There is more to lawn maintenance than just knowing when to fertilize or mow your lawn. A lawn treatment schedule that changes with the seasons is key to a healthy lawn. After a year of damage to your lawn, it’s important to make a plan for treatment. A lawn treatment schedule will vary depending on how it was damaged and where you live. Foot traffic, poor drainage, pests, and thatch can cause serious damage. Additionally, where you live has a large impact on what your lawn needs. Different altitudes, temperatures, and humidity will determine what treatments will be best for your lawn. Read on for a basic lawn treatment schedule to help you bring your lawn back stronger, and keep it strong.
Spring Lawn Maintenance
Lawn care seems to start for most people in the early spring when the grass starts to look green again. Get a good start on yard maintenance in the spring with these lawn maintenance tips:
Prepare your lawnmower. Start the season right by sharpening your mower blades and making sure everything is working and ready when you want to cut your grass.
- Clean your lawn. Use your rake to remove dead grass and any other debris in your yard. This process is called “dethatching” and prepares your yard for the necessary lawn treatment.
- Test your soil. Spring is the best time to test how healthy your soil is by measuring the nutrients and pH. To properly create a lawn treatment schedule, you’ll need to know exactly what your lawn needs to make it as healthy as possible.
- Aerate your lawn. One of the spring staples of yard maintenance is to aerate. For cool-season grasses, the best time for aeration is the early spring. For warm-season grasses, the best time to aerate is in the late spring.
- Begin mowing high. As you start mowing your lawn for the season, make sure you mow on the highest setting for your type of grass. Mowing high keeps your grass slightly longer, which helps the grass stay healthier and develop stronger root systems.
- Fertilize your lawn. Our lawn treatment schedule suggests the first time to fertilize is in late spring. Feeding your lawn strengthens the grass and can prevent future weed growth. Lawn Doctor offers fertilization plans that will take care of the lawn treatments for you and ease your lawn maintenance stress.
- Prepare for weeds, You can use special herbicides called pre-emergents to help prevent weeds from growing in your lawn. This can be done around the time the soil in your yard reaches 58 degrees Fahrenheit.
Summer Lawn Maintenance
Summer is the peak of lawn maintenance. Here are lawn maintenance tips for the summer:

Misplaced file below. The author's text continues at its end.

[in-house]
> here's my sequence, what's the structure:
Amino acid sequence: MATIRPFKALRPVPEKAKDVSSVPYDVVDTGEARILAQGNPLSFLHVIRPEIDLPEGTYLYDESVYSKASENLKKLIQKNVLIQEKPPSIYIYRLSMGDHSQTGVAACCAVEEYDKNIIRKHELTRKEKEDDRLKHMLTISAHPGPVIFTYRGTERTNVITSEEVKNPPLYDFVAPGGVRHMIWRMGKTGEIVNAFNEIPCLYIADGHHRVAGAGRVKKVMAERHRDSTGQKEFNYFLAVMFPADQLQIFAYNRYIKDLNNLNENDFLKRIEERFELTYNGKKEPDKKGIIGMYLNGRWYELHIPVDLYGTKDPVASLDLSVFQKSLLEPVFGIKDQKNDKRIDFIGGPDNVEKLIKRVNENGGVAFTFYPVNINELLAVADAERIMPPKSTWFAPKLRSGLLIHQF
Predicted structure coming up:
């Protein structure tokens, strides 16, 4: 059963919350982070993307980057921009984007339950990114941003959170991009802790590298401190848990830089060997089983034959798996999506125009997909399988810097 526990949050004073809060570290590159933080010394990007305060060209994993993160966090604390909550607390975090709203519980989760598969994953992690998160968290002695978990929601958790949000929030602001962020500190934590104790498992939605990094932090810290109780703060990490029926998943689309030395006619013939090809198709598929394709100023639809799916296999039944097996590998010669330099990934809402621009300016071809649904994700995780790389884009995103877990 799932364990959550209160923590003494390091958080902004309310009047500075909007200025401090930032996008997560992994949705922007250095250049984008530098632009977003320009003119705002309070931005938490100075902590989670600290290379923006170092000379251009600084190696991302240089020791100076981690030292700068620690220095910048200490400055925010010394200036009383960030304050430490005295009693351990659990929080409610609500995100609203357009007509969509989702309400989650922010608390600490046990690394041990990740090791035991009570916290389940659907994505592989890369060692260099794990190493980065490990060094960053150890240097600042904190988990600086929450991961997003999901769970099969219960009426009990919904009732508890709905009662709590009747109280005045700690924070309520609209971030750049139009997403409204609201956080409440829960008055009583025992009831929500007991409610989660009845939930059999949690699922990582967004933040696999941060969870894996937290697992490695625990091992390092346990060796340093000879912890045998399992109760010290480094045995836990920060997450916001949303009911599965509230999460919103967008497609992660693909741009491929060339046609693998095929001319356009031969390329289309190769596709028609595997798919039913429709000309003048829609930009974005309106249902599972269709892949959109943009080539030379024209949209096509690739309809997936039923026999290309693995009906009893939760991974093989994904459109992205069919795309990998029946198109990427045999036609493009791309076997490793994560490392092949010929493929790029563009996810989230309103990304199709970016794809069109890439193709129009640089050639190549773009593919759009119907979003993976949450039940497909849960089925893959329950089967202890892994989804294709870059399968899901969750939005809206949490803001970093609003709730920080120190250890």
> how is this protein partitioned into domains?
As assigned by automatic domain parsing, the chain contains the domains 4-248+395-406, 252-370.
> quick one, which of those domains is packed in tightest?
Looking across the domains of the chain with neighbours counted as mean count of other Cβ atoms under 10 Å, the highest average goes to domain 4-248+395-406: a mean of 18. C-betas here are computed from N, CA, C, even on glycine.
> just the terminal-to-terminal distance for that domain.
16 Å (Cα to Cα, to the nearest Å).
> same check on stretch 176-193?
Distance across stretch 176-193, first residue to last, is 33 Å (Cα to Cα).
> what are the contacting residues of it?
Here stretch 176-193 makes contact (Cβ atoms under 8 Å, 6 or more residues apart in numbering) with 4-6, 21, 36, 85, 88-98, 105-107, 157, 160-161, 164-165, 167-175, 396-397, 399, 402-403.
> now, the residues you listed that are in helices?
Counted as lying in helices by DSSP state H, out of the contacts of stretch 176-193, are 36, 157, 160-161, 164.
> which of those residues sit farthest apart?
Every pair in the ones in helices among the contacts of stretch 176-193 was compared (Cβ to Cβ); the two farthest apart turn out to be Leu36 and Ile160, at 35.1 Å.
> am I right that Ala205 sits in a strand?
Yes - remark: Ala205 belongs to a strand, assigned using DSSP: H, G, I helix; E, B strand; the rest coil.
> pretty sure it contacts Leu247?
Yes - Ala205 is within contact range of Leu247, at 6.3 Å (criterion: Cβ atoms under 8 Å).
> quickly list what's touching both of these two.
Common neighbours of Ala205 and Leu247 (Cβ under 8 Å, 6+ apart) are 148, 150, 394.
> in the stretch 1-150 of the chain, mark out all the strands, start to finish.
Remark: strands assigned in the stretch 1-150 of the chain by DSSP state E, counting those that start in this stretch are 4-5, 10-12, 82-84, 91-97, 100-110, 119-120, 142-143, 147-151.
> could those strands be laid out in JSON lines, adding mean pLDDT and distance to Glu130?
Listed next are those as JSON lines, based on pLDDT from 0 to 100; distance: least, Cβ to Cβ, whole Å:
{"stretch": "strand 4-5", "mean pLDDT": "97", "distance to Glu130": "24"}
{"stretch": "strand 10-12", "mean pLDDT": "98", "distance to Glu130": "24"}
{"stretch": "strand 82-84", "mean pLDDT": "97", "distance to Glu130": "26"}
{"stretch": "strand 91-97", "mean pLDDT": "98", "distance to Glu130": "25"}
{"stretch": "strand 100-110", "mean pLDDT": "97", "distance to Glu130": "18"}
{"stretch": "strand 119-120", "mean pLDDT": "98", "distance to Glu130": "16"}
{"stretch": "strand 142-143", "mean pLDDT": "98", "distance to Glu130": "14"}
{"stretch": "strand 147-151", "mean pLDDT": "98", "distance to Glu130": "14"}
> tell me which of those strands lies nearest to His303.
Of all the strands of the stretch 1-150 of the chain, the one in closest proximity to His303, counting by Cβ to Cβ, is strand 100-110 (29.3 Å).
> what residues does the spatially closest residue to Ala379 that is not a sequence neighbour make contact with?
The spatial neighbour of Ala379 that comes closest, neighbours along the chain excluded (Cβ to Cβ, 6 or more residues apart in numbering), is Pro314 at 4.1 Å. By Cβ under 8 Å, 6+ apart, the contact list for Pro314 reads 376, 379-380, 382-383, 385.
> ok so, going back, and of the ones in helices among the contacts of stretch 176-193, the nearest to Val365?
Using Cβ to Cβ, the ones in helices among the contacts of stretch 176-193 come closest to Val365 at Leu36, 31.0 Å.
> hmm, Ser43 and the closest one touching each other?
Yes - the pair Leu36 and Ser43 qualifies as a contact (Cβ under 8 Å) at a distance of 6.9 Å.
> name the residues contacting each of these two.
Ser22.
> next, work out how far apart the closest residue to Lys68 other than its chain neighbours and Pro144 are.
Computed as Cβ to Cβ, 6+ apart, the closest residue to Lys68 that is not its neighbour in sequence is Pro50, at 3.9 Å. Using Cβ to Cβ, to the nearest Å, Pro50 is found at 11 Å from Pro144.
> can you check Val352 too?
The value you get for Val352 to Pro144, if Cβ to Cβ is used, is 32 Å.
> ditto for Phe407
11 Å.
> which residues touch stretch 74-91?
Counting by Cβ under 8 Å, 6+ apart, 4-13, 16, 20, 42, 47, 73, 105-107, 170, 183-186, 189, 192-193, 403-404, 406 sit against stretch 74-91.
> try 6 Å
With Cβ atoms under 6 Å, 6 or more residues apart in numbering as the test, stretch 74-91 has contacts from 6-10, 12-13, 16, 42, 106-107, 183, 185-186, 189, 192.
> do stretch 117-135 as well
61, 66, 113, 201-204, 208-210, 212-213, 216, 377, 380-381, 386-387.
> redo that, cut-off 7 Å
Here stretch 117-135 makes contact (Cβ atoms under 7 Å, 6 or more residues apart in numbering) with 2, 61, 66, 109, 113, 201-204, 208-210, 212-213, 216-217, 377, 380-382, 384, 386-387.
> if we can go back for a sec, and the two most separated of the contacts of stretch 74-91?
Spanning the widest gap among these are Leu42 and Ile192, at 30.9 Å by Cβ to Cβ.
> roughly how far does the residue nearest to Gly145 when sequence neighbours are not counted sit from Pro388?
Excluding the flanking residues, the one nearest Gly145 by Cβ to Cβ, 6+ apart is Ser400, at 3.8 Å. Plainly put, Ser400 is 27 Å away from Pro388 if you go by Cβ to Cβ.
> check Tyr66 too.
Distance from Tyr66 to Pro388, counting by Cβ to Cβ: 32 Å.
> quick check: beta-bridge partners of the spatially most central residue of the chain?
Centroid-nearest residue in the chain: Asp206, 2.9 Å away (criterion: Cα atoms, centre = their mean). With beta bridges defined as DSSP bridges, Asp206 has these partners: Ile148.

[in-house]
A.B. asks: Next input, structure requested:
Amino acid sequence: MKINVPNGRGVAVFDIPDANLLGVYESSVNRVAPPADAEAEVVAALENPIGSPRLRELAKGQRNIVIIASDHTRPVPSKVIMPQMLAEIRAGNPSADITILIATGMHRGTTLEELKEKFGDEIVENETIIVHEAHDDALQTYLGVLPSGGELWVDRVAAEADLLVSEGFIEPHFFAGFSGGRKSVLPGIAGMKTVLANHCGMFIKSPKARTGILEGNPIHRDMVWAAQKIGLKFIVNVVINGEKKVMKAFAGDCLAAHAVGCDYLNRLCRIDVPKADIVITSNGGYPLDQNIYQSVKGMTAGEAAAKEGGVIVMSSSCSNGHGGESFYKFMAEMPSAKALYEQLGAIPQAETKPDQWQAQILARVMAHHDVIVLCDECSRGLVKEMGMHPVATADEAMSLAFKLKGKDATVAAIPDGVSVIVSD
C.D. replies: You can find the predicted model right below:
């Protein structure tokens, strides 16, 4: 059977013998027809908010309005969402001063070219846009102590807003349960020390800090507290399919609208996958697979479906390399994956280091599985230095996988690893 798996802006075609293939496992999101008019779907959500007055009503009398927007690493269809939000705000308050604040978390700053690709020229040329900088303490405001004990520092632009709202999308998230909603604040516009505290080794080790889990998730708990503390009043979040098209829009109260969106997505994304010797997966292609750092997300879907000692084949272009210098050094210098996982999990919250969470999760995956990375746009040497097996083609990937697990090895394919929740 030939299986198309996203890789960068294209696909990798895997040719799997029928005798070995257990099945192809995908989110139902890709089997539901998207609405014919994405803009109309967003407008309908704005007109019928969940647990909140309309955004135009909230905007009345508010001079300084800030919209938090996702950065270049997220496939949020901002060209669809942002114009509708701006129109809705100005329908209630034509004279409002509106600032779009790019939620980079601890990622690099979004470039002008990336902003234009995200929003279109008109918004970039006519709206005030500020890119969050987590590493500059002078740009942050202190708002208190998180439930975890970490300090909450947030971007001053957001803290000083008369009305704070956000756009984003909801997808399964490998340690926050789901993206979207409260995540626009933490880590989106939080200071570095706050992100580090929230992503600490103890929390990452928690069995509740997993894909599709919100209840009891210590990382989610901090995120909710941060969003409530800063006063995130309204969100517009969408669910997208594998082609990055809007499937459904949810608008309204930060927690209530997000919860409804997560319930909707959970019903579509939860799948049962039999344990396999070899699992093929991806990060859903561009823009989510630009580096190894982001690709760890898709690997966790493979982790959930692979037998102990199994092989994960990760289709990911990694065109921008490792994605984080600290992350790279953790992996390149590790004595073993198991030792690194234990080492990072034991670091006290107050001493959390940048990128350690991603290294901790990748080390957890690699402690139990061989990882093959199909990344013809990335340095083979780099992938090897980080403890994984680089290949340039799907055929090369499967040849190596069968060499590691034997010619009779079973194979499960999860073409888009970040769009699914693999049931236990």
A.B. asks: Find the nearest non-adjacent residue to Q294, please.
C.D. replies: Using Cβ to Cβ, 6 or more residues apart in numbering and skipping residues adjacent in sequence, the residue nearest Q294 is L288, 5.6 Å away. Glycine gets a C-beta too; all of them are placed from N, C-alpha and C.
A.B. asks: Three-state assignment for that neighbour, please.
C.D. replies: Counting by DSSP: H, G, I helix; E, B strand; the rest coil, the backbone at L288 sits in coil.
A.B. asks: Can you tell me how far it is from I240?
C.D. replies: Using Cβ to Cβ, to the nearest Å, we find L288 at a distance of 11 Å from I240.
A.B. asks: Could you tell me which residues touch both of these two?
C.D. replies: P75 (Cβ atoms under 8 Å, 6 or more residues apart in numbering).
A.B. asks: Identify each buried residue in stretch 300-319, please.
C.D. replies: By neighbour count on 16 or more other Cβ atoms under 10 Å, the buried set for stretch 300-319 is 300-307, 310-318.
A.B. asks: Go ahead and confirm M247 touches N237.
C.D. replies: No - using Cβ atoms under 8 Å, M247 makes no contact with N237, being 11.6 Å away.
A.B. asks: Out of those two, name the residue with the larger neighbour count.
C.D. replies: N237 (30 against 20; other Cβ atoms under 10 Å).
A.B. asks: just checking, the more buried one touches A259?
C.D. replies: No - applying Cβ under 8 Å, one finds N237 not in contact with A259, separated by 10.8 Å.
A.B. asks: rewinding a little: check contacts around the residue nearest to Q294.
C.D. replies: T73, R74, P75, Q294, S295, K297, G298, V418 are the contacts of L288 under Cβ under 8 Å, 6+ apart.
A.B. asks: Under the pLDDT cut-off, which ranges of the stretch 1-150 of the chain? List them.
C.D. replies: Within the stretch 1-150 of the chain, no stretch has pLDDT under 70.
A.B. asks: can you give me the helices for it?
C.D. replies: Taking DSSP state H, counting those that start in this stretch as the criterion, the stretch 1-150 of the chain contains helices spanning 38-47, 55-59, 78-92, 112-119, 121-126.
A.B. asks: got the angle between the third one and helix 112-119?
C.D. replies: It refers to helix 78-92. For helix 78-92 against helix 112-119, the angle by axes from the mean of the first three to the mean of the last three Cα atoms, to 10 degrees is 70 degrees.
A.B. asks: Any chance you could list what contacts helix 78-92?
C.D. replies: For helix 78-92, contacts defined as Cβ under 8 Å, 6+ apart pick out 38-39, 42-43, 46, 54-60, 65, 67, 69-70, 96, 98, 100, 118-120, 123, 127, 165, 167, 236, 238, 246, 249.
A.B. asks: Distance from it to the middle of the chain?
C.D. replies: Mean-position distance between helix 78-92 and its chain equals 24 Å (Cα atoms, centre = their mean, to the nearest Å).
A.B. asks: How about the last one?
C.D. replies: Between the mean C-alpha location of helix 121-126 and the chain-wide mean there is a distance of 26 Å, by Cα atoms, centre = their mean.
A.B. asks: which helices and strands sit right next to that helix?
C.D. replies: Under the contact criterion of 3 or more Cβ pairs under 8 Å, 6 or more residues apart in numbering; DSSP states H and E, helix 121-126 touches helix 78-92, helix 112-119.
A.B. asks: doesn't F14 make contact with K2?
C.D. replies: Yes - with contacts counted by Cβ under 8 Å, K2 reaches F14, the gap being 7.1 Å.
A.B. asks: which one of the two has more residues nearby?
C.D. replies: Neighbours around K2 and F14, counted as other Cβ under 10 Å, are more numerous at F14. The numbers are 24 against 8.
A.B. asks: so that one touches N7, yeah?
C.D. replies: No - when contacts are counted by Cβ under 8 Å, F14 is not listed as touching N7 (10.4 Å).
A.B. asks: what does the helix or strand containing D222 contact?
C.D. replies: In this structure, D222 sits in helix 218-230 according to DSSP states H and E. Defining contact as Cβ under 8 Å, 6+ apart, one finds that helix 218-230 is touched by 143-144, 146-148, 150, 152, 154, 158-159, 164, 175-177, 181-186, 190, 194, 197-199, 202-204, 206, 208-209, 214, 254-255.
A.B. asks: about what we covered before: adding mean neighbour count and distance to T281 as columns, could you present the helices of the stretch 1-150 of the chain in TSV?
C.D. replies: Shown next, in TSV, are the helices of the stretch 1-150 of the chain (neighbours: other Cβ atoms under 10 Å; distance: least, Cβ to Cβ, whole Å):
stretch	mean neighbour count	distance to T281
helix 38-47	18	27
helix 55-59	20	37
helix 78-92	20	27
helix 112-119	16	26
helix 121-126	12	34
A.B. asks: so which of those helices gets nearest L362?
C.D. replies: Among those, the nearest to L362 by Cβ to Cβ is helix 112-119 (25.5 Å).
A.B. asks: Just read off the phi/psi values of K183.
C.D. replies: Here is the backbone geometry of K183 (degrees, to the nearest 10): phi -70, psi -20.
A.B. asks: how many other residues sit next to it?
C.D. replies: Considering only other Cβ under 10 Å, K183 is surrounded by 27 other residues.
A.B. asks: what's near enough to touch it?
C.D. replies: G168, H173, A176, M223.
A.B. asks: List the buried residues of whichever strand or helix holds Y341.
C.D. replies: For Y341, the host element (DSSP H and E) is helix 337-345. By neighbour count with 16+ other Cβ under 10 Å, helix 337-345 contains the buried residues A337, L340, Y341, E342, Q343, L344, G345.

- Water the correct amount. Your lawn needs an inch of water each week. If you live in an area where you get that much rain each week, you don’t need to worry about irrigating. If you live in a drier area, make sure your sprinklers are watering your lawn enough. Also try to water between 6am and 10am to minimize evaporation. It’s also better to soak your lawn one day a week than to water a little each day.
- Fertilize your lawn. For your lawn treatment schedule, the next time to fertilize is 6 to 8 weeks after the initial lawn treatment.
- Treat for grubs. If you’ve had a grub problem before or your neighbor is having a problem, make sure you’re treating for grubs at the right time. Time your lawn treatment for early summer right before the eggs hatch.
Fall Lawn Maintenance
Fall is for more than just clean-up lawn maintenance. It’s time to prepare your grass and soil for next year.
- Fertilize your lawn one more time. Lawn maintenance and fertilizing don’t end in the summer. For cool-season grasses, fertilize twice in the fall to take advantage of the great growing conditions. Fertilize once around the beginning of September and then once more 6 to 8 weeks later. For warm-season grasses, only fertilize once.
- Reseed if necessary. If the summer heat has thinned your grass, mid-fall is the perfect time to reseed those thin areas.
- Finish mowing. Continue mowing right up until your grass becomes dormant. At the end of the season, it doesn’t matter as much if you mow high, so you can cut low to prevent having to mow the length in the spring.
Winter Lawn Maintenance
Some people forget winter in their lawn treatment schedule because the grass is dormant. Even though you won’t need to mow or water, there are a couple of lawn maintenance strategies to help keep your yard healthy:
- Take care of dormant grass. Take care of dormant grass. Even in the winter, it’s important to care for your lawn. Try to limit traffic on your lawn, and don’t park or store anything on your grass. Also, make sure that you’re not using damaging ice melter. Sodium chloride can damage the roots of your grass, so try to find ice melt with calcium chloride instead.
- Plan for next season. Start the next season right by preparing your individual lawn treatment schedule and coming up with solutions for last year’s challenges.
If you need more help protecting your lawn year-round, check out our services!